Virtual, Extended and Augmented Realities and the Metaverse – building the next generation of the internet

‘The release of Apple’s vision pro represents an important moment in the history of virtual reality capable devices. It has also refocused minds on the drive toward a more immersive internet, on the lines of that promised by Facebook when they rebranded to Meta in late 2021. In this piece we examine these developments as part of a wider trend; the rapid emergence of a next generation internet that will put more powerful tools in our hands that have ever existed. We show how massive spending by big tech on virtual and augmented reality technologies is part of the same rapid technological progress that has brought breakthroughs in artificial intelligence that have already changed the digital landscape. In doing so we conclude that Big Tech is pouring money in to creating a more powerful and immersive digital future that is likely to suit their aspirations in regards to their profit margins with significant consequences for consumers, workers and wider society.’

In July 2021, a few months before the radical rebrand of Facebook, Mark Zuckerberg, told The Verge “We’re basically mediating our lives and our communication through these small, glowing rectangles. I think that that’s not really how people are made to interact…. People aren’t meant to navigate things in terms of a grid of apps. I think we interact much more naturally when we think about being present there.”[1]

At that moment,  Zuckerberg was planting a stake in the ground, outlining a vision for a dramatically more immersive digital environment which has thus far defied classification. At the time he spoke these words, no viable piece of hardware existed that would allow consumers to indulge in such a world, even if they wished to. The consumer response to successive generations of the Oculus Rift had been lukewarm at best.  The Oculus devices were long seen as a niche gaming products lacking mass market appeal. The rebranding of Facebook to Meta in October 2021 stirred a forensic re-examination of the concept of the ‘Metaverse’ among technology watchers and journalists; What did this mean for the future of the internet? This intellectual exercise achieved little other than revealing that no one truly knew what the metaverse was, only that it must be the next big step in the technological development of the internet.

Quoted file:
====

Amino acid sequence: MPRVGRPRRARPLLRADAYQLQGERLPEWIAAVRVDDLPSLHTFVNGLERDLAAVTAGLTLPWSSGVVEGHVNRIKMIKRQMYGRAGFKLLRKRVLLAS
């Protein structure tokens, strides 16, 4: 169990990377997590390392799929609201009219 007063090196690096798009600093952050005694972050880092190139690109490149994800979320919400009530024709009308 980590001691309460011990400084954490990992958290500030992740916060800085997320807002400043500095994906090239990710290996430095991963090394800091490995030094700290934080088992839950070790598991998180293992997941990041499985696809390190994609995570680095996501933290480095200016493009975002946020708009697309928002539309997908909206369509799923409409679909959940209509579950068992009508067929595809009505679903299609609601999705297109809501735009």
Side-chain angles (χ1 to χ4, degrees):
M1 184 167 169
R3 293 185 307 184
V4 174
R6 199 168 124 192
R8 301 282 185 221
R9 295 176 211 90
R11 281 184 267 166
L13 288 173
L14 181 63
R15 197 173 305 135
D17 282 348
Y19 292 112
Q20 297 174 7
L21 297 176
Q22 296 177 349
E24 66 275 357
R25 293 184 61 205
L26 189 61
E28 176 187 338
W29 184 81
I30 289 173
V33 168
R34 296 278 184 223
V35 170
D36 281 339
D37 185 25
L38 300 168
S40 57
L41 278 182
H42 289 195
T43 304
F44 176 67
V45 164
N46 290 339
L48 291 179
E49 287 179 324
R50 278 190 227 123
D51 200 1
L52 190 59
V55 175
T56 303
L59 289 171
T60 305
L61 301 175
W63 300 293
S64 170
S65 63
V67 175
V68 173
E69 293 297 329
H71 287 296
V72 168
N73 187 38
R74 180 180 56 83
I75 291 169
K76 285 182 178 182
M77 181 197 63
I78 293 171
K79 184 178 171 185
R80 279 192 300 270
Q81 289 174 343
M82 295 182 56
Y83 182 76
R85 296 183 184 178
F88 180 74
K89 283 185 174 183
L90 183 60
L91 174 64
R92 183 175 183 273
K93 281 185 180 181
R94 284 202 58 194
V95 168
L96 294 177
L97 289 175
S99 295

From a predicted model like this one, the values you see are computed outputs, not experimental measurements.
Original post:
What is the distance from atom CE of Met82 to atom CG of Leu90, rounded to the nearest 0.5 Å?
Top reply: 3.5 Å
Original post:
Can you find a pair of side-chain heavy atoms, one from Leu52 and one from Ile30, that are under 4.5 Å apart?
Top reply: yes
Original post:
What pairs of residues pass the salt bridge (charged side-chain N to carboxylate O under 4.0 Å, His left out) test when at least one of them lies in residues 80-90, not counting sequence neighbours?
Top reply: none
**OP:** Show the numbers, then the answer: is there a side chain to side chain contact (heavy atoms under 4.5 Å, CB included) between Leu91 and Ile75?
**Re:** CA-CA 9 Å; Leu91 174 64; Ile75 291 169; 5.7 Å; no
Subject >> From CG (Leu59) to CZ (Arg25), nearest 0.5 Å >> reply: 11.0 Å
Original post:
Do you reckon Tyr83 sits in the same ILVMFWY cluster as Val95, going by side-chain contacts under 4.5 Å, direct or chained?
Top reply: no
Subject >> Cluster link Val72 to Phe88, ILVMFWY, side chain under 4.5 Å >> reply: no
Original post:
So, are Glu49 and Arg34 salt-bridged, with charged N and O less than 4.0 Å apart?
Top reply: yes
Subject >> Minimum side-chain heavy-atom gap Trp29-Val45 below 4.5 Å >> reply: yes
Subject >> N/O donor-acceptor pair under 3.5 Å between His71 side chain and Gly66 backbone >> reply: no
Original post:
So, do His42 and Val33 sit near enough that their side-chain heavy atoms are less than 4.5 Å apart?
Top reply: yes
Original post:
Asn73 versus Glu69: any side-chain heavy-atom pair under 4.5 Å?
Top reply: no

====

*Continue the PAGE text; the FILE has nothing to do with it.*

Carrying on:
For many the rebrand was seen as a farce (remember “Feta?” which memed on Greek cheese?), costs ballooned with little sign of any tangible gain, but Meta doggedly stuck to the general vision of a more immersive internet, even if hard definitions continue to elude everyone, including them. While they have cut costs elsewhere, most notably by laying off staff[2], their focus never wavered. During its 2023 Q4 earnings call, Meta revealed its XR (Extended Reality): a catch-all term used by Meta to refer to its augmented reality (AR), virtual reality (VR), and mixed reality (MR) division had crossed over $1bn in revenue for the first time driven by sales of the meta Quest device and games that run on it. They had also incurred the largest quarterly costs on record of US$5.72bn, resulting in a quarterly loss of US $4.65bn.

Source: Meta

The chart above shows the quarterly revenues against losses for Reality Labs (Meta’s division responsible for the metaverse). As we can see costs in this area have only grown.  To spin it another way, these losses reflect belief in the mission despite definitional challenges. For Meta ‘Augmented Reality’ and ‘Artificial Intelligence’ are two sides of the same coin, and spending in both areas remains relentless.

How does Meta justify these massive costs against growing, but still comparatively small revenues? The answer lies in their belief in the value of an immersive digital future that they want to dominate. A recent report by Grand View Research[3] estimated the globalmetaverse market at US$65.5 billion in 2022 and expected a compound annual growth rate of 41.6% from 2023 to 2030.

Matthew Ball, a Silicon Valley venture capitalist who widely popularised the term ‘metaverse’, sees a consensus forming among Big Tech companies. In his words:

“We are on the cusp of a new era in which the internet isn’t something we reach for, or that runs underground and is transmitted through the air. Instead, it will be all around us and we will be in it. That the world will represented by an infinite number of 3D simulations that are running in the buildings we walk through and the cars that drive by, which dynamically manage the traffic lights of our street and manage our checkouts as we leave a store, and which involves many objects that are not “real” in the sense they cannot be touched, yet nevertheless interacted with by millions each day.”[4]